“Children grow up too fast today!” This complaint, often tinged with a sense of bewilderment and helplessness, is heard with increasing frequency among parents today. Indeed, even the preteen “tweens” are sophisticated beyond their years, experiencing sexual and emotional aspects of life heretofore considered “adult” and facing emotional and material overload that in the relatively recent past would have daunted people twice their age.
In Ready or Not, Kay Hymowitz offers a startling look at the forces in the popular culture that bombard our children today. In particular she shows how “experts” urging us to treat children as “small adults” have affected our ideas about childhood. The most pernicious effect of this new development, she believes, is that the independence and other trappings of maturity that children are given (rather than earned) at an early age makes them paradoxically less able to negotiate the passage to adulthood than their predecessors in an earlier, more protective time.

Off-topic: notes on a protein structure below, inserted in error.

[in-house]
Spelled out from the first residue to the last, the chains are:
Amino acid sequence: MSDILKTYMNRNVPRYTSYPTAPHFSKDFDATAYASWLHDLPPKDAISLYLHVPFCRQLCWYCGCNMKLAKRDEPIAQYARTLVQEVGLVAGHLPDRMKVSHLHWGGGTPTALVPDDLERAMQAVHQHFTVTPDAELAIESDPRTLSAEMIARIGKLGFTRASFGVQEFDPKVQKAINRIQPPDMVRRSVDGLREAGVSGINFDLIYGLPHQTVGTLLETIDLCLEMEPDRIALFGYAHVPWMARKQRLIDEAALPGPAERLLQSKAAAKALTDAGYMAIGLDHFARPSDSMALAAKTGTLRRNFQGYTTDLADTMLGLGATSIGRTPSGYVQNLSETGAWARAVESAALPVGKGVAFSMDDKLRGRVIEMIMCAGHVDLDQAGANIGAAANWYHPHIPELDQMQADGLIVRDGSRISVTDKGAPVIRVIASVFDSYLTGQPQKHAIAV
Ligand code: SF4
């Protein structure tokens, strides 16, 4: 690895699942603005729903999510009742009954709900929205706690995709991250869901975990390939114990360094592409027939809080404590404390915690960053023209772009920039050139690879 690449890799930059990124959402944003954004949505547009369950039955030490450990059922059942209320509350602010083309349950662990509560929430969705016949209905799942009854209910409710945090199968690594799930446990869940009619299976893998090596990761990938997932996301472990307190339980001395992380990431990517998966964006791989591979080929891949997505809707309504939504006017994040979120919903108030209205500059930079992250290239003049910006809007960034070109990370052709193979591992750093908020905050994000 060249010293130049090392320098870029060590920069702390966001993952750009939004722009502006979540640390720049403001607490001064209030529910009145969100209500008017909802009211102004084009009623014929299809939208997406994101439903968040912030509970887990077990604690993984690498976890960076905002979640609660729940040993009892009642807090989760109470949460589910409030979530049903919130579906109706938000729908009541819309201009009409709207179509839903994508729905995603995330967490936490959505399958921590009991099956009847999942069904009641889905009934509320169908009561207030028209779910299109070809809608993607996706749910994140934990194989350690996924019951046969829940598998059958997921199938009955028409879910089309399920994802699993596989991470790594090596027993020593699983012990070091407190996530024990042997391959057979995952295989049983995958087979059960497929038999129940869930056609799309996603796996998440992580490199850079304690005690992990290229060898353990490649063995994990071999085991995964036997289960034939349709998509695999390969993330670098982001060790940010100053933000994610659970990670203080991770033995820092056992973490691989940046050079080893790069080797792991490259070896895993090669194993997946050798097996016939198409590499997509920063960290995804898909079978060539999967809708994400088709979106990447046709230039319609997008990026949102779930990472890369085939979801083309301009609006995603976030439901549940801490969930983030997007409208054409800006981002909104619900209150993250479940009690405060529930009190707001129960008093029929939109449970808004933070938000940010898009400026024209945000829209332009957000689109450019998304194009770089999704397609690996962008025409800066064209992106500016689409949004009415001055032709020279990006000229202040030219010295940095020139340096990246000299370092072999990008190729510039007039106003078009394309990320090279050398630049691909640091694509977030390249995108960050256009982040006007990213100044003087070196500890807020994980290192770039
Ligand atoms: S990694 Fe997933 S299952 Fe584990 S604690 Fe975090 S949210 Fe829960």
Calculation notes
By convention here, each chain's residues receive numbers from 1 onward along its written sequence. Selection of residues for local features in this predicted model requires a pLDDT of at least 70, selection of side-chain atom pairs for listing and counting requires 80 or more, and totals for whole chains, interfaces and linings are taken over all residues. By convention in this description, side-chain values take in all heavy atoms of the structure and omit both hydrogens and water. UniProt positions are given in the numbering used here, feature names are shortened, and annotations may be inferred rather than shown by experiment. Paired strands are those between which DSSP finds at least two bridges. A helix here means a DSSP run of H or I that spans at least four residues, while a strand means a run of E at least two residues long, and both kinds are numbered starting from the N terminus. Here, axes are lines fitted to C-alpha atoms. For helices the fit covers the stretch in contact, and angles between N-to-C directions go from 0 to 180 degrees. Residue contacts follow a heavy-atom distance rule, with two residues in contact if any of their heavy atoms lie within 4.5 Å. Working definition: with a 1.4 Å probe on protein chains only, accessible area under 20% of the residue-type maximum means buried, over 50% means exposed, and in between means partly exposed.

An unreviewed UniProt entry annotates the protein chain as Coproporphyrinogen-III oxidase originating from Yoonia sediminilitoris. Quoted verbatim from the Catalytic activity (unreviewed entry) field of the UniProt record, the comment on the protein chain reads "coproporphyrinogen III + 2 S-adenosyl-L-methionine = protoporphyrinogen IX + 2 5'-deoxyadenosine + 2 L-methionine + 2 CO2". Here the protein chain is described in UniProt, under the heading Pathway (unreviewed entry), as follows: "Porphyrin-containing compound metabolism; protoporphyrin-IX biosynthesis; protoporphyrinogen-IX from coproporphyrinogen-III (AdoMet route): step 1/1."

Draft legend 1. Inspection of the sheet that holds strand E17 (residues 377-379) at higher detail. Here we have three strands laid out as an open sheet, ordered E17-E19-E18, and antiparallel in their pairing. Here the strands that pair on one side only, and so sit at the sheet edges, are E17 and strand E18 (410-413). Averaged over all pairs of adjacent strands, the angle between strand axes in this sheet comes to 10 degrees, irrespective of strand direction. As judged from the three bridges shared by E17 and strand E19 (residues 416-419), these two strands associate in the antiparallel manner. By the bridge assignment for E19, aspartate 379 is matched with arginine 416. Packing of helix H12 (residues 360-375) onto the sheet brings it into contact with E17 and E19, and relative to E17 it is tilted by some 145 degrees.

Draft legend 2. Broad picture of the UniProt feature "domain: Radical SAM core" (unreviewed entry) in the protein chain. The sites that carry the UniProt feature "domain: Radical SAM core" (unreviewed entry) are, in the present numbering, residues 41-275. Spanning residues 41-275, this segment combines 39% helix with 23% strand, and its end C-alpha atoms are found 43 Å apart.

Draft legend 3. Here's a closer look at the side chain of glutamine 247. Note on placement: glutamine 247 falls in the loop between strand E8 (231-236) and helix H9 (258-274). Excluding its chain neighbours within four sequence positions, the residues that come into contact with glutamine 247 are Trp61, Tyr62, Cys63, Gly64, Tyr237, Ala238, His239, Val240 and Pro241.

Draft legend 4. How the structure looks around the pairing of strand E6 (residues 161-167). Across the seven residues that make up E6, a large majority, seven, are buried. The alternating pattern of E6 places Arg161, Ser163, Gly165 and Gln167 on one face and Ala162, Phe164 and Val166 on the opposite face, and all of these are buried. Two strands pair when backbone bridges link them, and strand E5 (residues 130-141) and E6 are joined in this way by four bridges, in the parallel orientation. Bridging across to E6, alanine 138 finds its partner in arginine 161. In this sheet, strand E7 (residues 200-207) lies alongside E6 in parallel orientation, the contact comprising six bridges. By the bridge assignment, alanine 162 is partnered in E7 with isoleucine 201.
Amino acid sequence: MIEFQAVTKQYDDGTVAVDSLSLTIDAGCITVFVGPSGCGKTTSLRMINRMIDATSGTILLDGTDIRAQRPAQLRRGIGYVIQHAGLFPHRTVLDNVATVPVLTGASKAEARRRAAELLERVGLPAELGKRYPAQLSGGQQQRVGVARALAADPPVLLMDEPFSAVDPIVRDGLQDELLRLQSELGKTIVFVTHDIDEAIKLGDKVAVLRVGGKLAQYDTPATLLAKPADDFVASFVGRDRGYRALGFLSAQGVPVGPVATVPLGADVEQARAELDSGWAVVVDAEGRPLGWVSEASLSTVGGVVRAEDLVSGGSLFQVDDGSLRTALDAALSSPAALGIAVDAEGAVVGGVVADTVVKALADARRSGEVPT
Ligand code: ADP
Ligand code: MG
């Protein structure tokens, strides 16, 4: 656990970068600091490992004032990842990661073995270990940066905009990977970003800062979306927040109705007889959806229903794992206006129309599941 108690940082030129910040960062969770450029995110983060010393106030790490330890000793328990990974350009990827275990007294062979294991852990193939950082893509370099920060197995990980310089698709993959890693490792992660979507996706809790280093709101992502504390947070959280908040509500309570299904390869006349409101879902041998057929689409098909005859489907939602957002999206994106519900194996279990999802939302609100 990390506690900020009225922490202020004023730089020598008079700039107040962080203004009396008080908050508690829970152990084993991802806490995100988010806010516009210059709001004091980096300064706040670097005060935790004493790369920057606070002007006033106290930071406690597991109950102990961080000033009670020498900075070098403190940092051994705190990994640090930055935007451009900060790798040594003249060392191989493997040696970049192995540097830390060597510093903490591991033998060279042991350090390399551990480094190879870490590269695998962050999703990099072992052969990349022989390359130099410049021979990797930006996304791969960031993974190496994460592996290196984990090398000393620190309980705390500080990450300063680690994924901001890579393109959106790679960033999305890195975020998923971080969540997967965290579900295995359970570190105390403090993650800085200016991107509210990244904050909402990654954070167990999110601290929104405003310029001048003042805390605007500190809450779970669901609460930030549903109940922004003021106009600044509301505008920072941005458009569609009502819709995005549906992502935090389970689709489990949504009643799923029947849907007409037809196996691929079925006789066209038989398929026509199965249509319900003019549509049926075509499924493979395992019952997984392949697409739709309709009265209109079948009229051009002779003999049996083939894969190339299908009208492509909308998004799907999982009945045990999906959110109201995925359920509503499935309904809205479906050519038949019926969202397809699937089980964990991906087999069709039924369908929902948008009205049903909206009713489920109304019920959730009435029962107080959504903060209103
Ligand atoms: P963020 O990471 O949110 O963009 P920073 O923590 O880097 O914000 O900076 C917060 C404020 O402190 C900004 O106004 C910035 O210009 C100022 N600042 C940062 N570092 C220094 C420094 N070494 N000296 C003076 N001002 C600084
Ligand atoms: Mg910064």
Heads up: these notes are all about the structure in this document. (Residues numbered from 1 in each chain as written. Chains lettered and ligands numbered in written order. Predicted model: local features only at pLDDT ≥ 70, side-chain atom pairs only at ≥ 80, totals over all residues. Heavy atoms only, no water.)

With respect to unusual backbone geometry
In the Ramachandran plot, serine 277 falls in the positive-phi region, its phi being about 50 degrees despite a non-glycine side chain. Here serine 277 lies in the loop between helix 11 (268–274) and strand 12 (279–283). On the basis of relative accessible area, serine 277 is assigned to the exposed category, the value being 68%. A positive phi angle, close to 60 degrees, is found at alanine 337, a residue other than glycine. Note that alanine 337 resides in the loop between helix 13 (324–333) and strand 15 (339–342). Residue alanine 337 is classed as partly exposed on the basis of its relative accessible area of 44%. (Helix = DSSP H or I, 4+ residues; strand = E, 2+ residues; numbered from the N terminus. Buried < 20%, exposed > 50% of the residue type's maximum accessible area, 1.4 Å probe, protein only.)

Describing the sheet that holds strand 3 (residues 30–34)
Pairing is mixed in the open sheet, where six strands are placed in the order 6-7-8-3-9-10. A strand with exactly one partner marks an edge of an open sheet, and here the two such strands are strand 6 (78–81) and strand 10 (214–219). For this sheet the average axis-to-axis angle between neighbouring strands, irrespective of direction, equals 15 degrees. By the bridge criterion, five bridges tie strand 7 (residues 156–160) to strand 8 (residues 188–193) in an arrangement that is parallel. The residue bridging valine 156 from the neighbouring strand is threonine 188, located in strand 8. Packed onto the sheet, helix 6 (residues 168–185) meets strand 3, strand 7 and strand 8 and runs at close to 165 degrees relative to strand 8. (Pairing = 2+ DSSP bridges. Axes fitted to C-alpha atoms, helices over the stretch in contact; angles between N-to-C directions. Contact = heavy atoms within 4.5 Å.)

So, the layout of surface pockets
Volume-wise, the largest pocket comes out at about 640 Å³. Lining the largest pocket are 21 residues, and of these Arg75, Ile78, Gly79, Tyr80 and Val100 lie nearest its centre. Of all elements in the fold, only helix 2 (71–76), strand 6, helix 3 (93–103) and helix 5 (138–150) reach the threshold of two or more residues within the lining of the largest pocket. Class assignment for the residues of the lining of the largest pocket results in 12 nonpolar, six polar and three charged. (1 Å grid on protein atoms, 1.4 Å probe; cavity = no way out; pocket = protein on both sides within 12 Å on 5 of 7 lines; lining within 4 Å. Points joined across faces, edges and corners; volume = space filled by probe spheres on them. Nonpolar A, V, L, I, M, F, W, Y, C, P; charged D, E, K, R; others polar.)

This challenging book shows what happens when a culture gives up its traditional mission of handing down its wisdom and moral heritage to the next generation. it will make the reader think harder about the needs of children and the responsibilities of adults in a democratic society.